Rising card payment charges and other banking costs are now a constant problem for many businesses, according to a leading enterprise group.
Increased “interchange fees” charged by Visa and Mastercard for handling transactions between businesses added huge sums to some organisations’ costs over the last year, it has emerged.
Neil McDonnell, chief executive of the Irish Small and Medium-sized Enterprise (ISME) association, said that interchange fees and other charges levied by banks and the financial services industry were becoming an ongoing problem for businesses.
“Interchange fees are something we’ve asked members about in our banking survey,” he said, adding that they were part of an overall problem with banking costs that all businesses face.
While regulations cap fees on consumer card transactions, there is no such limit on payments between businesses, which Visa and Mastercard increased last year, adding to many firms’ costs.
“Our members are definitely paying €5,000 to €10,000 a-year, including all those charges, it’s a cost of doing business here,” said Mr McDonnell.
He added that his organisation had raised the issue with Government and the banks when discussing the overall cost of doing business in the Republic.
He argued that the problem dated back to the financial crisis, when banks increased charges to raise income from sources other than interest rates.
At the same time, smaller businesses, which account for the bulk of Irish enterprises, have no buyer power, leaving them with little choice but to accept whatever fees banks and intermediaries imposed on them, he explained.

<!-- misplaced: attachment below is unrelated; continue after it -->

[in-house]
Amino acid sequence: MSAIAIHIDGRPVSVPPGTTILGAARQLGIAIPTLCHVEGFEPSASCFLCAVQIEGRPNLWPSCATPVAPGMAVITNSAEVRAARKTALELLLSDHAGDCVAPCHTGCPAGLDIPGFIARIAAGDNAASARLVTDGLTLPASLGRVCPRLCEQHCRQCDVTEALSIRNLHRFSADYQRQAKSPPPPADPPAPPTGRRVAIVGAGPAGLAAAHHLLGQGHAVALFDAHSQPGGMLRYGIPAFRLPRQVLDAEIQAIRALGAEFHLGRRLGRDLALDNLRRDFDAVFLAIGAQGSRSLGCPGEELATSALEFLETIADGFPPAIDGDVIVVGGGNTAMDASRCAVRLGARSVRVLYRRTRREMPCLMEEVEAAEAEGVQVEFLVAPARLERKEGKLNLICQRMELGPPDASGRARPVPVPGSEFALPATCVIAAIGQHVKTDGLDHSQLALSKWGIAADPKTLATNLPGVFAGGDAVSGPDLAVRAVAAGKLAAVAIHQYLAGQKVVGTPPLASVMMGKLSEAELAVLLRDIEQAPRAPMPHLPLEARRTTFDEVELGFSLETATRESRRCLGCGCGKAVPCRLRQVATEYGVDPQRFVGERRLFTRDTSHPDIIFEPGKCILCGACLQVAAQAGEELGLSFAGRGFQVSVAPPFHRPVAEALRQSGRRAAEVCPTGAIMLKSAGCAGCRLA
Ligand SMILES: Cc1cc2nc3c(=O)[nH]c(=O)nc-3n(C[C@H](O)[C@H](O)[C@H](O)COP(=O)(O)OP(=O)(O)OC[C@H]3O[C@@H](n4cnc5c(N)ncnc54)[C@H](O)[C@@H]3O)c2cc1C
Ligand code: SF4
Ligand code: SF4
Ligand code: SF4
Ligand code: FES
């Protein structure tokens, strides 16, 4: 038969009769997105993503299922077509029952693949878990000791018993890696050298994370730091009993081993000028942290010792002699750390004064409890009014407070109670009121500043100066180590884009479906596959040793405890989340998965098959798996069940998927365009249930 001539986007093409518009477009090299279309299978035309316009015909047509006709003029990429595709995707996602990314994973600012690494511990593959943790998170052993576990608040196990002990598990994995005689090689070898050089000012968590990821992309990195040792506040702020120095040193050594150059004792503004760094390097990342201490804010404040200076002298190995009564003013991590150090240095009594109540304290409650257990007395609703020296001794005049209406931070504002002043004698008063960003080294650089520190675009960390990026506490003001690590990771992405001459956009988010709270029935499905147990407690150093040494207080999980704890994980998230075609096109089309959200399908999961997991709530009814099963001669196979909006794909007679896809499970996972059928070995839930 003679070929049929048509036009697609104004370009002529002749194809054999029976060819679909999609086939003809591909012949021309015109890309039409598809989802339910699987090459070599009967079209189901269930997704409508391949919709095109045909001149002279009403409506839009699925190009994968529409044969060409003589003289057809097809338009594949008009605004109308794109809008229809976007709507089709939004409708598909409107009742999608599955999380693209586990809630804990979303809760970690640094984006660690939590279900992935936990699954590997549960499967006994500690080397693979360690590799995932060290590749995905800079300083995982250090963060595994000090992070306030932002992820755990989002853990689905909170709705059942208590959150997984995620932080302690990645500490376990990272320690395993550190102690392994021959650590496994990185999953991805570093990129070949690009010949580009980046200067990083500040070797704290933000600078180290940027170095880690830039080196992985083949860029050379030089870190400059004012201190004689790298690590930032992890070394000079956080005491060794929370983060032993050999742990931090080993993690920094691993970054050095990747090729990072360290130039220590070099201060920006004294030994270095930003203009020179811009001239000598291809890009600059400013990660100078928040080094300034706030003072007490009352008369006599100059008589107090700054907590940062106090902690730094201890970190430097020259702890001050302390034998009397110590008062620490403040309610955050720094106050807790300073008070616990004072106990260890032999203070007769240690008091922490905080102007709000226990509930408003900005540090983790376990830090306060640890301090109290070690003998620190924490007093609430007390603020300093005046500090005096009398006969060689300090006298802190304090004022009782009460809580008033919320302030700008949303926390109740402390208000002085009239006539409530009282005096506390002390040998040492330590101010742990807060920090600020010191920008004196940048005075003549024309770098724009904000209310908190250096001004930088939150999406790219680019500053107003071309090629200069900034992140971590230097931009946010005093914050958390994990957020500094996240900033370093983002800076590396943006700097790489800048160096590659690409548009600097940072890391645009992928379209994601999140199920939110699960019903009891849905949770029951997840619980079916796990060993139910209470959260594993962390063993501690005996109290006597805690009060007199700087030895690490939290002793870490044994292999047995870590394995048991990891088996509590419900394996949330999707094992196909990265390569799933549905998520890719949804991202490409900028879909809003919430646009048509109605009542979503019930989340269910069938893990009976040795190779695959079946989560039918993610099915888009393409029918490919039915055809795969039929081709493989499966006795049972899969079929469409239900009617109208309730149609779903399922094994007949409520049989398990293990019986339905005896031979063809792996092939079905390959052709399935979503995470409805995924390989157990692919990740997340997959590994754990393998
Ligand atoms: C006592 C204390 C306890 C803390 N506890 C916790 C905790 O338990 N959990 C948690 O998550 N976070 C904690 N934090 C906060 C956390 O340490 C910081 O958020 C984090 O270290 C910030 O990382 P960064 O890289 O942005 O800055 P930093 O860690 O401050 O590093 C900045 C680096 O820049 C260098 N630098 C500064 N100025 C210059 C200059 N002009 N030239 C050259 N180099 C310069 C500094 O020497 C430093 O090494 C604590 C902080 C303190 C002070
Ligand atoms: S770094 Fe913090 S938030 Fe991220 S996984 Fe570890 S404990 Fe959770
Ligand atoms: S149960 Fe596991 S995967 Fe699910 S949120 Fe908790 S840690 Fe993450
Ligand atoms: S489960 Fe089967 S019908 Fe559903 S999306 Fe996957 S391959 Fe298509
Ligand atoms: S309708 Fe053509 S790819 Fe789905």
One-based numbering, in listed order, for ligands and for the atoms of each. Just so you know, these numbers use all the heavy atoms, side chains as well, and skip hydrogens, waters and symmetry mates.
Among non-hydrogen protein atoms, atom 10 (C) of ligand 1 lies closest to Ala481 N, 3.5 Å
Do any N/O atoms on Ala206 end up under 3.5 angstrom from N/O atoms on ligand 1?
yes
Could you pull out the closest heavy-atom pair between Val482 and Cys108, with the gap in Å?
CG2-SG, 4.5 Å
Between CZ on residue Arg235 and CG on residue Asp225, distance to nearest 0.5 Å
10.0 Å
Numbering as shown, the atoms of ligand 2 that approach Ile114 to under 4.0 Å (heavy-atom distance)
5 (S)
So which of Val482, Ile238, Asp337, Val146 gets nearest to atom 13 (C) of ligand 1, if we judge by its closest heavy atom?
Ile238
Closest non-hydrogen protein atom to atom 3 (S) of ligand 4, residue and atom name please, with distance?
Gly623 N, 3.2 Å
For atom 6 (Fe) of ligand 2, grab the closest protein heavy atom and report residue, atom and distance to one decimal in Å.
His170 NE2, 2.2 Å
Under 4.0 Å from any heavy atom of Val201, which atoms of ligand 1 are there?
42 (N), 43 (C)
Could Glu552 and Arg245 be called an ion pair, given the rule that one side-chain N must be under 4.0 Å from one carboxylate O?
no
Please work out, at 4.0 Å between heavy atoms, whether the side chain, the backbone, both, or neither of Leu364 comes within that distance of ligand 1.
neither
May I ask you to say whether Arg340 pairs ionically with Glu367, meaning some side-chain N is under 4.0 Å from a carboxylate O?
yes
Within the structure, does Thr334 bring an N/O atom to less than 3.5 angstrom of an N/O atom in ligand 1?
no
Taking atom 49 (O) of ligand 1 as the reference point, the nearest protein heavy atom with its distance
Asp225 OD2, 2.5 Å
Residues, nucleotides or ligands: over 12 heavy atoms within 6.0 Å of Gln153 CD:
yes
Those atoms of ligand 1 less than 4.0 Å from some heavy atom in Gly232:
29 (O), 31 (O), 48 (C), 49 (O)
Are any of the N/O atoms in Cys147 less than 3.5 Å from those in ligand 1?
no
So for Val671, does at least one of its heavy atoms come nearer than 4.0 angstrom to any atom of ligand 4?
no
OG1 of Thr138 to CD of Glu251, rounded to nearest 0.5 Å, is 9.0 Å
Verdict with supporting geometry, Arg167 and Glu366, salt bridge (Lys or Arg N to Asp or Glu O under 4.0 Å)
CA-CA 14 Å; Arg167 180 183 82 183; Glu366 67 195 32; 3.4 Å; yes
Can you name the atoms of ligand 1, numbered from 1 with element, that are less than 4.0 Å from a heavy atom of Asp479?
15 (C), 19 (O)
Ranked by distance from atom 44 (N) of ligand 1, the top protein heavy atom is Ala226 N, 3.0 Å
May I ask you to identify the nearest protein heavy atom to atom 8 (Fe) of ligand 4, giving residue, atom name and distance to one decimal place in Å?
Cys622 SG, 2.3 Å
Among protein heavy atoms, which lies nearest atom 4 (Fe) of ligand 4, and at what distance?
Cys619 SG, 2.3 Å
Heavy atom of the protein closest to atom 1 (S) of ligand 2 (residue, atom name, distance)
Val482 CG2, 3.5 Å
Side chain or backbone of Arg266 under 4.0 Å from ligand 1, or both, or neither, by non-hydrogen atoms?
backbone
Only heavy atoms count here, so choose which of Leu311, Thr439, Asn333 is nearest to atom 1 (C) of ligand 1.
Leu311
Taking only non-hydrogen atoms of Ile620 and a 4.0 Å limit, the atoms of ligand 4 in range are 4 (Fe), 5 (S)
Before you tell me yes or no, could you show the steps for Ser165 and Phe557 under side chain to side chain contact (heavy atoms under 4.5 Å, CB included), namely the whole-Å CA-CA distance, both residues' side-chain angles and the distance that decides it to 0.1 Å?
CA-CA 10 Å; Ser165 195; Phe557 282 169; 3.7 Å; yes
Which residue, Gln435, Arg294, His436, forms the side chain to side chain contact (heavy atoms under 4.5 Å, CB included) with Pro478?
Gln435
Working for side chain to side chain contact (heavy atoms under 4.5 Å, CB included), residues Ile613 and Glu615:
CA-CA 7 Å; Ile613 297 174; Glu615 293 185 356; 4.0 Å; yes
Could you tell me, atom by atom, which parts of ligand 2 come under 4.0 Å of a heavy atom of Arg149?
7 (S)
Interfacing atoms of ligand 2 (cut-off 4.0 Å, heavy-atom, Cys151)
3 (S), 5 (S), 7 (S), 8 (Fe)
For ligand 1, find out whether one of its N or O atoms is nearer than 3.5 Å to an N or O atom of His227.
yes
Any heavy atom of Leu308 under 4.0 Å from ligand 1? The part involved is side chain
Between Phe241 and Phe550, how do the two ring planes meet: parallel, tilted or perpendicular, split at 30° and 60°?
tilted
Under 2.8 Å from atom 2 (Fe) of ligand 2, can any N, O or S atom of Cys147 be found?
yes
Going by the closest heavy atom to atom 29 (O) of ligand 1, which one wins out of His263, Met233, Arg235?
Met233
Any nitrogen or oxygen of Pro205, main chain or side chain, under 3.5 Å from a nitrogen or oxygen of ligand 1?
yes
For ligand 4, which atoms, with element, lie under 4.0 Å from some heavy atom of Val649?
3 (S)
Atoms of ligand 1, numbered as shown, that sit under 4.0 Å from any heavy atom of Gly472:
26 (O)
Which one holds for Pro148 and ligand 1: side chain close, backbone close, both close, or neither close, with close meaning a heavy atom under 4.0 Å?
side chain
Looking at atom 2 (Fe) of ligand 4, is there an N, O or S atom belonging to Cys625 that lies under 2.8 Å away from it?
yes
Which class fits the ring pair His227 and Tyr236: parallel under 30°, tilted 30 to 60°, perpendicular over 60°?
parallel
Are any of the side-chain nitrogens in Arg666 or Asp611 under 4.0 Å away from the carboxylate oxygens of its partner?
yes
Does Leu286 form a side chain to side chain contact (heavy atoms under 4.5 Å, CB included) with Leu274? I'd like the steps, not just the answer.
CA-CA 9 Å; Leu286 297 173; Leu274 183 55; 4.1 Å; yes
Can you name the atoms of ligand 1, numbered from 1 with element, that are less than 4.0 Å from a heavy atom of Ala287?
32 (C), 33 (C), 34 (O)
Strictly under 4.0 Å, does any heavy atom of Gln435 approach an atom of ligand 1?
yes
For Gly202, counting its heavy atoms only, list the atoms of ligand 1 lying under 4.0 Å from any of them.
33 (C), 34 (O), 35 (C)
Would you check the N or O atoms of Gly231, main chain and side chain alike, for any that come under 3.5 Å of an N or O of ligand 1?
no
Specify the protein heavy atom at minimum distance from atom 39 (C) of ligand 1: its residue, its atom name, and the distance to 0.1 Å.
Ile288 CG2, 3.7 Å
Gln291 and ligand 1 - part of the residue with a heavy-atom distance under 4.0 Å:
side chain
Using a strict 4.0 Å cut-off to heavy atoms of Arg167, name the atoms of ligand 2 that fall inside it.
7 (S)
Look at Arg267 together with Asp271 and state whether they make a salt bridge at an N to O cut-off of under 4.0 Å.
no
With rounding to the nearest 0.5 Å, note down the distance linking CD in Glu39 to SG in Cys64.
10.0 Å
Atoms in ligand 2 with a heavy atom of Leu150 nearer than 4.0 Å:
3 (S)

“The worm has slightly turned now, because obviously higher interest rates are making the banks more profitable,” Mr McDonnell observed.
Card companies argue that interchange fees allow them to provide their services to businesses and consumers and in particular to continue to improve safety and security.
However, businesses say card companies increased their charges with no justification and simply take more money from clients in return for providing the same service as before.
“The cost of doing business has to remain affordable,” Mr McDonnell stressed. He added that if the banks did not ensure that this was the case, businesses would find some way of avoiding their charges.
He predicted that if the digital euro, a free-of-charge electronic payment system proposed by the European Central Bank, became a reality, ISME members would embrace it quickly.
“I know it is a long way off, but it would take a lot of costs out of the system and our members are always looking for ways of reducing these costs,” he pointed out.
A heating and plumbing supplies business told The Irish Times earlier this month that its annual interchange fees bill had rocketed to €400,000 from €171,000 over the last year.
The company deals mainly with other businesses, who often pay for goods and services with cards, leaving it vulnerable to any increase in these charges.
It also found that business-to-business charges are not regulated, while little real competition in the Irish market meant that it had no option but to accept the charges.
The Central Bank maintains that it supervises card companies to ensure that they are complying with regulations.
Michael McGrath, Minister for Finance, recently told the Dáil that business-to-business interchange fees were a commercial issue.
The Department of Finance did not comment when asked if Government planned to regulate business card payment charges.